The names of the members of the Platte County Commission’s new tax advisory committee were approved this week, though the first meeting date for the group has not yet been announced.
The committee will be chaired by former county auditor Sandra Thomas, but she isn’t the only former county official on the roster. Former assistant director of parks Jim Kunce and former director of planning and zoning Aaron Schmidt will also serve on the committee, as will Shane Bartee, who serves on the West Platte Board of Education, Angie Mutti, executive director of the Platte City Chamber of Commerce and Wes Minder, engineer with the City of Kansas City and owner of the Linecreek Loudmouth blog.
Other members of the committee are Gordon Cook, Rick Easley, Gina James, Dave Ketchmark and Jim McCall.
According to the resolution approved at the Monday, Oct. 7 commission administrative session the committee will “make a tax structure recommendation concerning dedicated funding for long term predictable financial stability that prioritizes law enforcement operations and supports parks and stormwater operations and maintenance.”
“I’m very pleased we’re taking this step,” said presiding commission Ron Schieber. “This will have a significant impact on the future of the county.”
David Park — who ran against Schieber for presiding commissioner last fall and plans to run for second district commissioner next year — asked if the committee had a timetable for its work. He also wondered if commissioners had a target date to put any potential sales tax question on the ballot next year as the parks and stormwater tax will expire at the end of the year.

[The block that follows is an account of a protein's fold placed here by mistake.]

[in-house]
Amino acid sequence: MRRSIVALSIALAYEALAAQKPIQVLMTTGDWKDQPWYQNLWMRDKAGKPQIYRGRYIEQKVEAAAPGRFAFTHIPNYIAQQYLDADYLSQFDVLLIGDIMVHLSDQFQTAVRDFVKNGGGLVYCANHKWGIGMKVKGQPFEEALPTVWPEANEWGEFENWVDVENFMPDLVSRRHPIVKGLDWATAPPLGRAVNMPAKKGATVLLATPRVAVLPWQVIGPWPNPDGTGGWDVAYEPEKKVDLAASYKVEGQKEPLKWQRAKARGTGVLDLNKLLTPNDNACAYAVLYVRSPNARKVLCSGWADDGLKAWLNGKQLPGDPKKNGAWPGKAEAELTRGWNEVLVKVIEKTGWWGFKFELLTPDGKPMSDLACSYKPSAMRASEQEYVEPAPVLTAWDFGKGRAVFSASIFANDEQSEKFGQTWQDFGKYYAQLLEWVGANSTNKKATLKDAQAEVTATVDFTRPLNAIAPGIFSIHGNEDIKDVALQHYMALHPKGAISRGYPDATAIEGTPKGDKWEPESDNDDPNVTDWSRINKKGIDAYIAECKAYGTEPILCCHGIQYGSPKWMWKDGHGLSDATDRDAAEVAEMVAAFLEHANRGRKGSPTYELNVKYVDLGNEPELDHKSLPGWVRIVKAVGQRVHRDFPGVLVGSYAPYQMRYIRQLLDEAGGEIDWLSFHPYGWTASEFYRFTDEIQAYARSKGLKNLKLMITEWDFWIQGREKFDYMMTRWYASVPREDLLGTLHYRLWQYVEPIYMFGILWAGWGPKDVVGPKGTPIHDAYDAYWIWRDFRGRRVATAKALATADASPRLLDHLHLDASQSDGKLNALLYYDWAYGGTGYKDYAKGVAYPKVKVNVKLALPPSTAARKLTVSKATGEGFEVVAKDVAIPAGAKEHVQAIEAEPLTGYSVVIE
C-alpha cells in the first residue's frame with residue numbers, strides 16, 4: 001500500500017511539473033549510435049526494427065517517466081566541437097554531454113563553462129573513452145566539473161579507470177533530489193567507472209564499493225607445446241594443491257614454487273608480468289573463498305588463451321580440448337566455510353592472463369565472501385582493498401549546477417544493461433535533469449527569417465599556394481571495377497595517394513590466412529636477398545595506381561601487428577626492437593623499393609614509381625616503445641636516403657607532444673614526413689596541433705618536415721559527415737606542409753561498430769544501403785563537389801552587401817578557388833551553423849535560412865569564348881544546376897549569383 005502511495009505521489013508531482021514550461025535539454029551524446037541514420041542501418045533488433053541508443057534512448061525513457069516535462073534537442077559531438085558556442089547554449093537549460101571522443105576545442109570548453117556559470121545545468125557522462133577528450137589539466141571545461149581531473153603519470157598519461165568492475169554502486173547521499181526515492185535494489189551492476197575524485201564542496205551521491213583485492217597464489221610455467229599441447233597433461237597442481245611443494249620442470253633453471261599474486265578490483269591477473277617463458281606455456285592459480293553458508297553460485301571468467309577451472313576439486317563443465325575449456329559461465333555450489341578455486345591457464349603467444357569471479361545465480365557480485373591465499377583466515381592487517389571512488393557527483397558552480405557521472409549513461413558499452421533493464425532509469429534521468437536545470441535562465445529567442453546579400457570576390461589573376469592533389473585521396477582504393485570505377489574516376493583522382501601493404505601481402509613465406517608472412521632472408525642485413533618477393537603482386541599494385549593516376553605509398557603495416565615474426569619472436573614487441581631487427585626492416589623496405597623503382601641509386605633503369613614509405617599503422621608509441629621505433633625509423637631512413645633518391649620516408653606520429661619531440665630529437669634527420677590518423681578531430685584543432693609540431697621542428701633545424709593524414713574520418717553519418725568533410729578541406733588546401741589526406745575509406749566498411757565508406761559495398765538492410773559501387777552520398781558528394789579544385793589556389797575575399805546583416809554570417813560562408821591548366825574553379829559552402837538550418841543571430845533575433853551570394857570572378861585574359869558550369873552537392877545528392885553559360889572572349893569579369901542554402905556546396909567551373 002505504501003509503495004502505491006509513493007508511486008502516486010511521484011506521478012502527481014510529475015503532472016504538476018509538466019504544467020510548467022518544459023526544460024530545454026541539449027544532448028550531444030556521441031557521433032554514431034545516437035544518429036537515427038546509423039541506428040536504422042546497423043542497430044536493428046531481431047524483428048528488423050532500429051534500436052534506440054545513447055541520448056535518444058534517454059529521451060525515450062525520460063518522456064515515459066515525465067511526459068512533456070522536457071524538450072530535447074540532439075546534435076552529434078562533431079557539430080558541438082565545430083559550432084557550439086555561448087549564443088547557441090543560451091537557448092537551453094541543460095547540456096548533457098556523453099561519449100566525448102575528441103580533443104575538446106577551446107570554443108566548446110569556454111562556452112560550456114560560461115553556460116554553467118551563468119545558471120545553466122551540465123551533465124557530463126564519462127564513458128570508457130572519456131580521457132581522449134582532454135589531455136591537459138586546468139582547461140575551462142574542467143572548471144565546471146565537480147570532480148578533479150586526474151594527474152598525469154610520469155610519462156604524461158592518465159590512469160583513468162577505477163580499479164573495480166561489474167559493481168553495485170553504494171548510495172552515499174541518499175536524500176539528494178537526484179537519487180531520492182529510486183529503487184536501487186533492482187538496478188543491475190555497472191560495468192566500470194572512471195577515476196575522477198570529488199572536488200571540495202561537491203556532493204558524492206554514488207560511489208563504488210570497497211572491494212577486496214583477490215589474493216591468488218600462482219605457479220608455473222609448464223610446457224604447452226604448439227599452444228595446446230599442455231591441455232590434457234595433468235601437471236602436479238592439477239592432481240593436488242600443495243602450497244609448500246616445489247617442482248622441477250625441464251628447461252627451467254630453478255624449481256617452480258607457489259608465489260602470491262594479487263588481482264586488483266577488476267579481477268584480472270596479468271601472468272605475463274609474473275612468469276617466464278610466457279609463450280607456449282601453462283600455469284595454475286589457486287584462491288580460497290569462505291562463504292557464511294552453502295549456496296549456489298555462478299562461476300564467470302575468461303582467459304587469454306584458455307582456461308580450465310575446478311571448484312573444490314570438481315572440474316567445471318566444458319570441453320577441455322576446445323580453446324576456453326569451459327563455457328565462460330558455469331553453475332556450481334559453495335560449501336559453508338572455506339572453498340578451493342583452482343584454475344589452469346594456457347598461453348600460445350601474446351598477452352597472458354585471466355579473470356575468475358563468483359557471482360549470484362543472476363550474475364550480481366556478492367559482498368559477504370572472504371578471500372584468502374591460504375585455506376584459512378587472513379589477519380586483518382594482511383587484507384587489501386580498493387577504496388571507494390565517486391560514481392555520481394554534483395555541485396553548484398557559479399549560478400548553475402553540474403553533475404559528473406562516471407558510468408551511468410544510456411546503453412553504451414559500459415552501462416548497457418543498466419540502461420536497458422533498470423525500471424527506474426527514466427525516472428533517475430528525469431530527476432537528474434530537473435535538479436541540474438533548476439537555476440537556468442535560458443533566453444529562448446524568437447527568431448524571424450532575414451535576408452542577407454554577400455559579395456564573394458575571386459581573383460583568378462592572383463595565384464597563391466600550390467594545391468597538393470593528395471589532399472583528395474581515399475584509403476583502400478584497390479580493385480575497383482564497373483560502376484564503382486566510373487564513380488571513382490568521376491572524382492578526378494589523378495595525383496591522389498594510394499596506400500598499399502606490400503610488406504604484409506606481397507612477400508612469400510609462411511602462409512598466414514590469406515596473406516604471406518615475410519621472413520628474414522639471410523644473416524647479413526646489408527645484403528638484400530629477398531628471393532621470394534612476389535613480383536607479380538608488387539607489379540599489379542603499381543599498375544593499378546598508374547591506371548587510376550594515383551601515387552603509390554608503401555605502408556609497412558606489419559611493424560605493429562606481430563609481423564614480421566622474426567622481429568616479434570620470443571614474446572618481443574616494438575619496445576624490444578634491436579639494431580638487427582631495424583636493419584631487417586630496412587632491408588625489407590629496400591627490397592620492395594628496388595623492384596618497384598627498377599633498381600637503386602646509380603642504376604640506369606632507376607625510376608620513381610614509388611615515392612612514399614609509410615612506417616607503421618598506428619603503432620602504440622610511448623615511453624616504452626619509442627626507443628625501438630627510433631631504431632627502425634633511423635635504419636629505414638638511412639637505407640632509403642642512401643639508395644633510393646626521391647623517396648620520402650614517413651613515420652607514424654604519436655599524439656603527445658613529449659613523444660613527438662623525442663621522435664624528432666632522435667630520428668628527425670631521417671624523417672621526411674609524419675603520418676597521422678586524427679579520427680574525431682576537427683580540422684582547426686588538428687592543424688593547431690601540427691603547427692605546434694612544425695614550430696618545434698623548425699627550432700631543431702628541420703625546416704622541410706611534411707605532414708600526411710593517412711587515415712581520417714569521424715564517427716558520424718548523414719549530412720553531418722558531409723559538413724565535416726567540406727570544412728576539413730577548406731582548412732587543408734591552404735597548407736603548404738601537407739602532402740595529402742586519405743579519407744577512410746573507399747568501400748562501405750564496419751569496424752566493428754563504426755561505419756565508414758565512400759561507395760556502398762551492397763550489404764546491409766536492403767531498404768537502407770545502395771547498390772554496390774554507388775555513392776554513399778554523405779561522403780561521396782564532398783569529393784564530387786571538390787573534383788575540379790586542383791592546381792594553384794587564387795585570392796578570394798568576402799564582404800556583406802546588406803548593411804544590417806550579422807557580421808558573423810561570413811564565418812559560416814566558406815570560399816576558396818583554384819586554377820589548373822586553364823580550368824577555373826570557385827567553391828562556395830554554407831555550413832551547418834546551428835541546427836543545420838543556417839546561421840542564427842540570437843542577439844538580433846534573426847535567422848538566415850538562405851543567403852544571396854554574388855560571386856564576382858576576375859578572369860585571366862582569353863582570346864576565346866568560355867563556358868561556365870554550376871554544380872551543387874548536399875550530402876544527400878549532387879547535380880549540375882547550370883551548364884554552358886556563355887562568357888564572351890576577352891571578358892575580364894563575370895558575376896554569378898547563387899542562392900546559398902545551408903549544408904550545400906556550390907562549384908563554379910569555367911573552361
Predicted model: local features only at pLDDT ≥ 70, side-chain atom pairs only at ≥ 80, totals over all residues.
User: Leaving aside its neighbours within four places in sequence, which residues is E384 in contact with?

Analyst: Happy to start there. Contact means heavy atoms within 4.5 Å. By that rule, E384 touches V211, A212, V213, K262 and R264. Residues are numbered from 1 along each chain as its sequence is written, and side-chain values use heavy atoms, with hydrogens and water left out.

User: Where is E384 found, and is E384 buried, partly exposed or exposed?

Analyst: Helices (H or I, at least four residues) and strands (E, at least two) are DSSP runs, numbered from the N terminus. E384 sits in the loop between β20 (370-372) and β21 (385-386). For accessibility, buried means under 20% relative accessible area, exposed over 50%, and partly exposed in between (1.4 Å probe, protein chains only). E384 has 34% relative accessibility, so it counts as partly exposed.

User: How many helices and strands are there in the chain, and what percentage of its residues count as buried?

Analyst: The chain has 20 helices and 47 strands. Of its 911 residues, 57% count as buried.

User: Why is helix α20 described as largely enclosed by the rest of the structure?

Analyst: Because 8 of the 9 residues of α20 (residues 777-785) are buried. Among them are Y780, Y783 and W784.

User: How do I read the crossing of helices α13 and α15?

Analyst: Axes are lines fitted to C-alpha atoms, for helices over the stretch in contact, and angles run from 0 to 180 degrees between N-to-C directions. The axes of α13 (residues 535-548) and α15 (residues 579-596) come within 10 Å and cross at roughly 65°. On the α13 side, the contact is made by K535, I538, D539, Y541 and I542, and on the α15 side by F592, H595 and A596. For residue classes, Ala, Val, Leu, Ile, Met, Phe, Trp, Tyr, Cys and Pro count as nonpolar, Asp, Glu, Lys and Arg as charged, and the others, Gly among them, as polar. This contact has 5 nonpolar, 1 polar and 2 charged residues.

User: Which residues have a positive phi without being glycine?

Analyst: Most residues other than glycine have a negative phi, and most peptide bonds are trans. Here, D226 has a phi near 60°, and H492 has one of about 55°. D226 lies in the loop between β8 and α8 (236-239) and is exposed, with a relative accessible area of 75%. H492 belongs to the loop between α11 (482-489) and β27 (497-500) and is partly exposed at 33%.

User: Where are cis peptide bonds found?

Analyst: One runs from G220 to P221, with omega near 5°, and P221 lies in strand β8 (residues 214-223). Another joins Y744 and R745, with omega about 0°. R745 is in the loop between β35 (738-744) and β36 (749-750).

Schieber said the committee will be creating a 10-year plan and there are three possible election dates next year, in April, August and November. No date has yet been chosen.
“We don’t want to rush the committee,” said commissioner Dagmar Wood. “We don’t have a goal of when we want this on the ballot.”
Park also questioned how much flexibility the committee would have to include future parks capital improvements in the 10-year plan. He also cited a recent document distributed to the park board outlining scenarios for spending if the parks sales tax is reduced from one-half cent to one-quarter or three-eighths.
Commissioners said these scenarios were just that, to give staff, board members and committee members a starting point for reference purposes.
Park also said with population growth expected in unincorporated Platte County over the next decade the county needs to keep in mind that while the cities of Parkville and Kansas City have dedicated parks funding source, many communities do not.
He and commissioner John Elliott also exchanged opinions on reconfiguring use tax, as use tax generated as part of the parks tax has historically gone into general revenue instead of the parks fund. In turn, the sheriff’s office has been funded through general revenue. Reduction or reconfiguration of this structure could effectively cut funding to the sheriff’s office, Park said.
Elliott argued that the county planned to establish a dedicated funding source for the sheriff’s office through reconfiguration of the tax structure.
The first meeting of the sales tax committee has not yet been scheduled.
BODY SCANNER AT JAIL
Also at the meeting, the commission approved the purchase of a full body scanner for the Plate County Sheriff’s Office at a cost of about $167,000.
Major Erik Holland said the move was made due, in part, to changes in laws governing cavity searches performed in the detention center.
He cited one recent example, where a man was transferred to Platte County from federal custody and police kept locating weapons on him. The man had learned how to conceal razor blades in a cavity he had created in his mouth.
Drugs, weapons and other contraband are concealed in various ways, he said, and the scanner makes locating the items safer for both staff and the inmate. Some items must be referred to a physician for removal.